GERALDI, N.R., 2015. Wetting of non rigid surfaces. PhD, Nottingham Trent University.
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In the world of anti-wetting surfaces, many superhydrophobic substrates comprise rigid structures on rigid substrates. The development of a thin flexible substrate would allow new avenues to be explored to fully take advantage of the non-wetting properties of superhydrophobicity. This thesis presents a novel production method and subsequent analysis of thin, conformable, superhydrophobic films based on the embedding of carbon nano-particles (CNPs) into the surface of polydimethylsiloxane (PDMS) substrates. Firstly experiments were performed to determine the effects of surface roughness on the capillary origami process. It was found that the droplet wrapping process could be controlled with the appropriate choice of liquid. Using a wetting liquid would see an enhanced wrapping state whereas use of a dewetting liquid would see a complete suppression of the wrapping process. The second set of experiments concentrated on determining whether or not it is possible to reduce the drag force experienced on cylinders in a laminar flow situation. By comparing an uncoated cylinder to a CNP PDMS coated cylinder of equivalent diameter, it was determined that it is possible to reduce the drag by a maximum of 28%.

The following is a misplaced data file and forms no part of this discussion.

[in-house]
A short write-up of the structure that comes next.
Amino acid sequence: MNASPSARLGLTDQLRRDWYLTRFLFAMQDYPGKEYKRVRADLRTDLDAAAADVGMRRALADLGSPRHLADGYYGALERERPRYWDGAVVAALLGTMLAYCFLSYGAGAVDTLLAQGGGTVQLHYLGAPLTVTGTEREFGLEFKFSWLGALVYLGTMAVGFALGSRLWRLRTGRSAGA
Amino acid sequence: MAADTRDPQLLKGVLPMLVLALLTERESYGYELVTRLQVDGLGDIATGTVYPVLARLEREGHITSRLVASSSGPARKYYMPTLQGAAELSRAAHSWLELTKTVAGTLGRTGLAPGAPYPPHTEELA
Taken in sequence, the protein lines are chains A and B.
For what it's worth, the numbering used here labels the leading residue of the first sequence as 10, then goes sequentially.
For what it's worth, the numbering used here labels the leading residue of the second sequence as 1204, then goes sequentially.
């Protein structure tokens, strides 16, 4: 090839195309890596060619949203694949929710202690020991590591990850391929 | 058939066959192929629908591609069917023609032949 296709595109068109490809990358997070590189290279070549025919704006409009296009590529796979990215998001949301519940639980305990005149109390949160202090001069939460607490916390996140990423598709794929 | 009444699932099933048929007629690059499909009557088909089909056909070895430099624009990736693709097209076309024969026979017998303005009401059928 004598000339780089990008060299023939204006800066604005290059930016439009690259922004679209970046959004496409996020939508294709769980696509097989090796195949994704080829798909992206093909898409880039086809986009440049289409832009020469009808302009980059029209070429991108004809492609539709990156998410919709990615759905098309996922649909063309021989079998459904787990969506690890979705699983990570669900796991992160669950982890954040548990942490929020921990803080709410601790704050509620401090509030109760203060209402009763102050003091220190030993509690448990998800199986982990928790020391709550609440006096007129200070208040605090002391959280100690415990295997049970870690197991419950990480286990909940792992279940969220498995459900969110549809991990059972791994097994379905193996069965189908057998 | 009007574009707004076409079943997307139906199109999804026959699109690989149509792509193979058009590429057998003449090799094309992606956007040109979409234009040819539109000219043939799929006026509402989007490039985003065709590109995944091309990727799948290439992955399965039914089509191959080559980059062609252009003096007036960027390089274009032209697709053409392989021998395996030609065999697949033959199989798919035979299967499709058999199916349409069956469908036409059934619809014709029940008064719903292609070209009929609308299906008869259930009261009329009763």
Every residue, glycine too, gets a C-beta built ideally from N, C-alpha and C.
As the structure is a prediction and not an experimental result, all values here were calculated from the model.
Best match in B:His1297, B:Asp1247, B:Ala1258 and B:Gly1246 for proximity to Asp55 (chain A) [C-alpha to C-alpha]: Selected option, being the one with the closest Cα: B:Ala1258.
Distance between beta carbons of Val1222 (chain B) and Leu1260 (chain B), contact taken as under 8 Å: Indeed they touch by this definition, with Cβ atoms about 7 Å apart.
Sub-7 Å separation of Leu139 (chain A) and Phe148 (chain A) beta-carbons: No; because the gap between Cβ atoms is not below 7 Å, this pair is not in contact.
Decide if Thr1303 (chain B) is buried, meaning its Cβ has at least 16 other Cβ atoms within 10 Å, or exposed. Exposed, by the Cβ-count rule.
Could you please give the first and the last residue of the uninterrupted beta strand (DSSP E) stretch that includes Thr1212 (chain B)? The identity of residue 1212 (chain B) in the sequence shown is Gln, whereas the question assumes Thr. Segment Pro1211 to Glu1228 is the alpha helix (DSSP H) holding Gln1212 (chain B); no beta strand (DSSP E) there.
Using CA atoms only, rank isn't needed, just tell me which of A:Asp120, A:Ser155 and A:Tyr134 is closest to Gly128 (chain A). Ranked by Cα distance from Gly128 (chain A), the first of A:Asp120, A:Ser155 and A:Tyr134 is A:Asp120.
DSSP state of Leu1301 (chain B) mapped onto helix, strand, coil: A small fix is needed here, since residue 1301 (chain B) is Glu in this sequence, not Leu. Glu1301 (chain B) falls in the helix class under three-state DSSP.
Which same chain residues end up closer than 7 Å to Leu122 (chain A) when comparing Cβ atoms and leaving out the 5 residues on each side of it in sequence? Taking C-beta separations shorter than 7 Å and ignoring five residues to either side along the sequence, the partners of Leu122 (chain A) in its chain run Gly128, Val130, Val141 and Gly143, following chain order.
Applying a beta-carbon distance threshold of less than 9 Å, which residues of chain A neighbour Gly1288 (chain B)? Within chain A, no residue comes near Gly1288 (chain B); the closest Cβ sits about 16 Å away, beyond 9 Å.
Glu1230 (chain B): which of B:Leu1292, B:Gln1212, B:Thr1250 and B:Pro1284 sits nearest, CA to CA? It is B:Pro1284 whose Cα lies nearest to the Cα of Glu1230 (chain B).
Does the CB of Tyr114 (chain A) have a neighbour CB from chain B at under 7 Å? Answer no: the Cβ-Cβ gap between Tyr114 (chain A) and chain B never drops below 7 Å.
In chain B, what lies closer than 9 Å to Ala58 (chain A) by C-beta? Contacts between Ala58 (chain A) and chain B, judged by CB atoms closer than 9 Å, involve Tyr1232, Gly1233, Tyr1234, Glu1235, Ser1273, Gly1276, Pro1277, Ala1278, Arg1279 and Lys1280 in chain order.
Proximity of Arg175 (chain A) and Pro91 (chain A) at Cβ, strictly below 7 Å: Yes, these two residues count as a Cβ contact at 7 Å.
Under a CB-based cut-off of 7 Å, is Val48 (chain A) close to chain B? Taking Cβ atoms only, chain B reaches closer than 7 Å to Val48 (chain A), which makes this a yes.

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|Divisions:||Schools > School of Science and Technology|
|Depositing User:||EPrints Services|
|Date Added:||09 Oct 2015 09:35|
|Last Modified:||09 Oct 2015 09:35|
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